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Tuesday 18 October 2011

Brent Geese on Thorney Island circular walk

Thorney Island is a wild place.  Once an island, it is now connected to the mainland by reclaimed land and connected by road in 1870.
Although the island itself is dominated by the military since the RAF came in 1936 -- the sea and the coastal wild life prevail over all other factors.

Click on the above picture, or any other to enlarge it.

Right at the beginning of the walk were a few Brent Geese on a mud flat.

Little Egrets were common.

St. Nicholas' church in West Thorney dates from about the year 1200.  It is made of flint rubble dressed with Caen stone.

The view from Pilsey island towards Chichester.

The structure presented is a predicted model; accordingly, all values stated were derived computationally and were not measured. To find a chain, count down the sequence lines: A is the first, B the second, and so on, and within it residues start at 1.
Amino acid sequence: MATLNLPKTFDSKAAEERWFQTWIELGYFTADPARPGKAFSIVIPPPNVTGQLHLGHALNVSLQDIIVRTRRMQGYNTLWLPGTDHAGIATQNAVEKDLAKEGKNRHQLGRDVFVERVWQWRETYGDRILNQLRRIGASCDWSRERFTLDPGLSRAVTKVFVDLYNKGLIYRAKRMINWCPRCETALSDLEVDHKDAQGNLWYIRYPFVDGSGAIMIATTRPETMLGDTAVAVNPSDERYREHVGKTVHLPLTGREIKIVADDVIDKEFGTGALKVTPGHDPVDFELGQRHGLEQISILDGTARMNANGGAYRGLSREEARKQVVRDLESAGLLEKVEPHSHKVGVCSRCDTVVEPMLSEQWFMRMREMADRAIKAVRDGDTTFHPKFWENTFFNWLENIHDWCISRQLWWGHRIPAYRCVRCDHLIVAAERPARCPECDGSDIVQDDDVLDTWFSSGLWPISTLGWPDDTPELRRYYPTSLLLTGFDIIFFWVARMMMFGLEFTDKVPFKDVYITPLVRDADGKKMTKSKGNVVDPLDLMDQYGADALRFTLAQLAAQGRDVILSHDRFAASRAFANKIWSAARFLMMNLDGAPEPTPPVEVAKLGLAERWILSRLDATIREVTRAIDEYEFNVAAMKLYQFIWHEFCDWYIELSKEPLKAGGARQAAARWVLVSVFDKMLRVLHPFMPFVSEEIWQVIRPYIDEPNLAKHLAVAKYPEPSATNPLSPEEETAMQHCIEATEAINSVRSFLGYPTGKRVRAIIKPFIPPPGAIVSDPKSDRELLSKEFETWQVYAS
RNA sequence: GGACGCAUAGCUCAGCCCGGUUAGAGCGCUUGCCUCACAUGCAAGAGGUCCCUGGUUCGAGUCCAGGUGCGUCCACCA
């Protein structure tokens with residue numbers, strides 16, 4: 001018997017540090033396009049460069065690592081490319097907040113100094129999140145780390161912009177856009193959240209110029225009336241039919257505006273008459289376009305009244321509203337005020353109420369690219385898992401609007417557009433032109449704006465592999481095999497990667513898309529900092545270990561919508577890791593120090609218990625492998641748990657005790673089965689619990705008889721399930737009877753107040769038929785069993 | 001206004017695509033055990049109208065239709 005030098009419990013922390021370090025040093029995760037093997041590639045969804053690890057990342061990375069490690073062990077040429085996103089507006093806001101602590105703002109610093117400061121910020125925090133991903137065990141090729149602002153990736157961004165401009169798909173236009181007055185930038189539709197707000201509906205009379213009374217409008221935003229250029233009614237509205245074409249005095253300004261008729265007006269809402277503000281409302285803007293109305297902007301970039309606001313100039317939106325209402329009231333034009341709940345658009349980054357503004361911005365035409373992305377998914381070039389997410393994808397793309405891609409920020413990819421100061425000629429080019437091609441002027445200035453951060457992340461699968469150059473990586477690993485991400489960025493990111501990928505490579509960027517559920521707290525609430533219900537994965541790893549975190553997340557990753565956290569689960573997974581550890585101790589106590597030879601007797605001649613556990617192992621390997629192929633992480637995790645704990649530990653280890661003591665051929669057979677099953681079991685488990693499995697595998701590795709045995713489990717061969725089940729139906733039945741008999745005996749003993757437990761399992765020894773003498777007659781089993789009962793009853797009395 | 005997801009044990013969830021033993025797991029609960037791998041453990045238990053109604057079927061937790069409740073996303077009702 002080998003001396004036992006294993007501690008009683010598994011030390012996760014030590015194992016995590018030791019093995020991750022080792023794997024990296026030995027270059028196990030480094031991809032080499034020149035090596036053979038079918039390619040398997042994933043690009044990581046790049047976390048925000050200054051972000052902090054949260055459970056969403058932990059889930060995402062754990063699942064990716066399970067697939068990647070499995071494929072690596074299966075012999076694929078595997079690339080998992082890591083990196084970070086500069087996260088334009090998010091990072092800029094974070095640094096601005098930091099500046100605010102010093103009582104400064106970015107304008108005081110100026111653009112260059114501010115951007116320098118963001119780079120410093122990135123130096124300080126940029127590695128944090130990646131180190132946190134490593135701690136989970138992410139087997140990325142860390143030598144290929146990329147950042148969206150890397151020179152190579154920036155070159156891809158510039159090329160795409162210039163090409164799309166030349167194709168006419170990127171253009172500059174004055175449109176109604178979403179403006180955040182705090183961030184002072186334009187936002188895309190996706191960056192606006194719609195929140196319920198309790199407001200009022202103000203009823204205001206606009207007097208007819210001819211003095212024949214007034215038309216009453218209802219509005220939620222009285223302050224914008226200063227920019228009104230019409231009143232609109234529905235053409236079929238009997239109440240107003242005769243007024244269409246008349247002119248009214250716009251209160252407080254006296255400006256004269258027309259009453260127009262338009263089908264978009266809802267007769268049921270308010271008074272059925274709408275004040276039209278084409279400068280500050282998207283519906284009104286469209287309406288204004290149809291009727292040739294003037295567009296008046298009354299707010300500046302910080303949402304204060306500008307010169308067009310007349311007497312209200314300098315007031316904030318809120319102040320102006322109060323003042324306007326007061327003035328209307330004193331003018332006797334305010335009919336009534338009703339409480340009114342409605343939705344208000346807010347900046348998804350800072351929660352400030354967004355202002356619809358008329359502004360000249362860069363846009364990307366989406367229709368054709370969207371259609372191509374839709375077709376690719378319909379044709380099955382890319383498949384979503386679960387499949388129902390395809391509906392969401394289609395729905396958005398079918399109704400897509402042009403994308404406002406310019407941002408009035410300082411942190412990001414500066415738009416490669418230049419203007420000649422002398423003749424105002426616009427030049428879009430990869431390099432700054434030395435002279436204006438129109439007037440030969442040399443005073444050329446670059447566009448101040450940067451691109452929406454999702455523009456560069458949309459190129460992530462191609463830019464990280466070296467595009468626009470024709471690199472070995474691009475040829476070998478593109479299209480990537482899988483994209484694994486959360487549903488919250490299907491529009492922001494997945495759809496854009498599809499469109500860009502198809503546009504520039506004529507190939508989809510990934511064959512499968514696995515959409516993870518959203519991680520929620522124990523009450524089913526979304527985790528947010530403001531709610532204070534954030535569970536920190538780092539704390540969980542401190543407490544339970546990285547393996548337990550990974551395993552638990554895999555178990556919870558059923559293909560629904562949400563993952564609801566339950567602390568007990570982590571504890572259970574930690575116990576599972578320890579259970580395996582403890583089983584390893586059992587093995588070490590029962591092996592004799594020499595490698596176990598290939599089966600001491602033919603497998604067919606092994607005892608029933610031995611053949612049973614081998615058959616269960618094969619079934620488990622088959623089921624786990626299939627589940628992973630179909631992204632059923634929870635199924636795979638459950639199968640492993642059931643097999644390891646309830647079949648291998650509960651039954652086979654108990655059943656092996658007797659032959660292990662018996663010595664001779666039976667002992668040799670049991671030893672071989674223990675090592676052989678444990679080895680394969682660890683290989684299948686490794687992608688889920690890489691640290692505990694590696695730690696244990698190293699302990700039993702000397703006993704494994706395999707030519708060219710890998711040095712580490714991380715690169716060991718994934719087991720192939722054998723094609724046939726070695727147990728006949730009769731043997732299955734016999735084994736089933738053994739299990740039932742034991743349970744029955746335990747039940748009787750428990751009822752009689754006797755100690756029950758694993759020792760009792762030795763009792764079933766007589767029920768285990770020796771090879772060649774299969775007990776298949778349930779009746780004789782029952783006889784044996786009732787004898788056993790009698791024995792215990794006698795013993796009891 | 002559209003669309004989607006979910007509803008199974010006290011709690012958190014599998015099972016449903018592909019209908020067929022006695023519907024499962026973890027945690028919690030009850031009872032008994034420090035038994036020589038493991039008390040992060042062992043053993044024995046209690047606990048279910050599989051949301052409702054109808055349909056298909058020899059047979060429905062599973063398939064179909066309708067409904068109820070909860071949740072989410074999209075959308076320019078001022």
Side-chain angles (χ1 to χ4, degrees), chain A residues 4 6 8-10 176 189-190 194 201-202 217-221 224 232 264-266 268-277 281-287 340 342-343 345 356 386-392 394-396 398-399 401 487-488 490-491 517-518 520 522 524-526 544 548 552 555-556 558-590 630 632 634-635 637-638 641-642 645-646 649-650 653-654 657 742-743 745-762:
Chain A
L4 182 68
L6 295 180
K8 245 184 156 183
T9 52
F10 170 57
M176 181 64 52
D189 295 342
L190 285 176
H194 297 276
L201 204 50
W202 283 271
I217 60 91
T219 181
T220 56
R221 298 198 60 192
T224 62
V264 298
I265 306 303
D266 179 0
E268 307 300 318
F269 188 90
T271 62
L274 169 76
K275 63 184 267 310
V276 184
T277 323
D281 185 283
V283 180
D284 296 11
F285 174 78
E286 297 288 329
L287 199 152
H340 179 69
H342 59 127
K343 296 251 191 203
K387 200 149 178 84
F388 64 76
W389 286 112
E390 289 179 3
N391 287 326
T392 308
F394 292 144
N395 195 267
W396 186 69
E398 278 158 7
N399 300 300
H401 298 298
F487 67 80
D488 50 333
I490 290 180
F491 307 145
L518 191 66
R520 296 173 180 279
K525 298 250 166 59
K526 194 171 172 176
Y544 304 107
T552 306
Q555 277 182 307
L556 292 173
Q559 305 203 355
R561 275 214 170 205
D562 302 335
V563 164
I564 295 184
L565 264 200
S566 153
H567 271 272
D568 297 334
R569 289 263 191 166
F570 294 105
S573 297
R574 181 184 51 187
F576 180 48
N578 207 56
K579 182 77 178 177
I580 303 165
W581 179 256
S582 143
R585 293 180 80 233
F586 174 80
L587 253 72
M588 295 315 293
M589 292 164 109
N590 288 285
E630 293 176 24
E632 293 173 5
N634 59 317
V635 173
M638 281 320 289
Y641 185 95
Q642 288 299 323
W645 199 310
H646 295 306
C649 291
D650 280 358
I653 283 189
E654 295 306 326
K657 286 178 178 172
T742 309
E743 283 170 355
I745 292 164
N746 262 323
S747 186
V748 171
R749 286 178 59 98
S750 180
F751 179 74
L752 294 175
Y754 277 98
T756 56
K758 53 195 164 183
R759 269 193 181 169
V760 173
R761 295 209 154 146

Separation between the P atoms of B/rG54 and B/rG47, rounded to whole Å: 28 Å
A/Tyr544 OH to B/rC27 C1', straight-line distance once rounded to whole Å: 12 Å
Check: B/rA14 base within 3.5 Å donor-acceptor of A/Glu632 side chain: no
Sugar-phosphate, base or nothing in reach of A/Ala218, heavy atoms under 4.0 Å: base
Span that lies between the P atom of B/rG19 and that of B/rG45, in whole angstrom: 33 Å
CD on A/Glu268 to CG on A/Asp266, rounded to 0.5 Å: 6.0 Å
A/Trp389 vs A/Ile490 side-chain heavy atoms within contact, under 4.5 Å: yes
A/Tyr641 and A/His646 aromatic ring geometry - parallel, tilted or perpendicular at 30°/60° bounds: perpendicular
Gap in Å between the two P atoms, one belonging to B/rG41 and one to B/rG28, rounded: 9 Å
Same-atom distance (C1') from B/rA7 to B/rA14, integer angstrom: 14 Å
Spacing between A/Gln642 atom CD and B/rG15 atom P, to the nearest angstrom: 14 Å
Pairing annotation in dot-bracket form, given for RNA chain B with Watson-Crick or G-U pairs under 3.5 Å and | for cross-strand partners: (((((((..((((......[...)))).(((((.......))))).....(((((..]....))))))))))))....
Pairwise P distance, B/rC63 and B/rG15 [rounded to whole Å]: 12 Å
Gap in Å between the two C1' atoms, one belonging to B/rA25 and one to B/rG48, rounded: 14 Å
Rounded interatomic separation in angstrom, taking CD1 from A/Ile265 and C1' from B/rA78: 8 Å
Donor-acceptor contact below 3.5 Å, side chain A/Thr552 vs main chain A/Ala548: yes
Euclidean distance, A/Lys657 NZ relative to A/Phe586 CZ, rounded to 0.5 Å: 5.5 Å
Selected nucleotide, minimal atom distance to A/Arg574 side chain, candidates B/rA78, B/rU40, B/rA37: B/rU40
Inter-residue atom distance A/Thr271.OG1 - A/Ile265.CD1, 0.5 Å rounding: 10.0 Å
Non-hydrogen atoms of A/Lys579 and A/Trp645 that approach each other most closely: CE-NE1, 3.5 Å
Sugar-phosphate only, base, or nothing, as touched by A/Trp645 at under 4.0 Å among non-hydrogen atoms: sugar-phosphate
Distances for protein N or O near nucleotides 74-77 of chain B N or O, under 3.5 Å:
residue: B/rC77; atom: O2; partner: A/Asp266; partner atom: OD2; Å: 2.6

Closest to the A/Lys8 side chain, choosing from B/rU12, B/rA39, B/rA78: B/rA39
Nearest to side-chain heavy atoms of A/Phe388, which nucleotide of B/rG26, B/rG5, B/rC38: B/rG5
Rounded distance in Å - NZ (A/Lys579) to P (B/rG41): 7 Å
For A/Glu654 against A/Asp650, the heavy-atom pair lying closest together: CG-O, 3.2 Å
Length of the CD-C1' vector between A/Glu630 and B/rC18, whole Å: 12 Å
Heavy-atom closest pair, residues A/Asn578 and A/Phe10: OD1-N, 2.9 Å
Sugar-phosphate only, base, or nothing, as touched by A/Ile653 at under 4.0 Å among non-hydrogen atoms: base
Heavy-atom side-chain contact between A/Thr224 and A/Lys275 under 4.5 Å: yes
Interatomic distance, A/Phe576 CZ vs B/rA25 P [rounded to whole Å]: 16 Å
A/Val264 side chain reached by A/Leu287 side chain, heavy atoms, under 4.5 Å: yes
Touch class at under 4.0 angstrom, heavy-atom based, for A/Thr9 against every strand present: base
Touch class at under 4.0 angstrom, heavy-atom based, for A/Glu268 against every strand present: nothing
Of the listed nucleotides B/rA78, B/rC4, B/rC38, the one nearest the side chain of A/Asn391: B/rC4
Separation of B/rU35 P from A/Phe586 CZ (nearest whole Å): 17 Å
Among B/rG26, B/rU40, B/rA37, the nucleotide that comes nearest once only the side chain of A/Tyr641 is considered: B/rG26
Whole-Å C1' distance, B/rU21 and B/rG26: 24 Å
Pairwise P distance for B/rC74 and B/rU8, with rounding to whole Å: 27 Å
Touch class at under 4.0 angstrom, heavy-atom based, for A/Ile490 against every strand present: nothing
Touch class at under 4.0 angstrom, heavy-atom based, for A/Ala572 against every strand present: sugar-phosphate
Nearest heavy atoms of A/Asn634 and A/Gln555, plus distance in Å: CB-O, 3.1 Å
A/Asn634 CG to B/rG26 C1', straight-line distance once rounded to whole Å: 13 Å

There were Geese on the shoreline.

Hundreds of small birds, perhaps including Ringed Plovers were on the mudflats -- too far off to identify with binoculars.

In this bay were lots of Brent Geese in the sea.

Click here for a link to the RSPB for more info on Brent Geese.  Up to 10,000 overwinter here -- around 5% of the world's population of Brent Geese.

The weather was taking a turn for the worst.  We were about to be hit by a violent squall with what seemed like horizontal rain in squally winds like a proper gale.
There was still fine weather to the south but we were heading into a squall.

We could see the rain over the mainland before, minutes later, we were hit by a similar violent deluge and strong winds.

Phil, our Mid Sussex Ramblers' leader, striding out into the impending squall.
Click here for information on future walks with Mid Sussex Ramblers.

A great walk -- thanks Phil.  And we had dried out before tea and cakes in the fine cafe at Emsworth sailing club.

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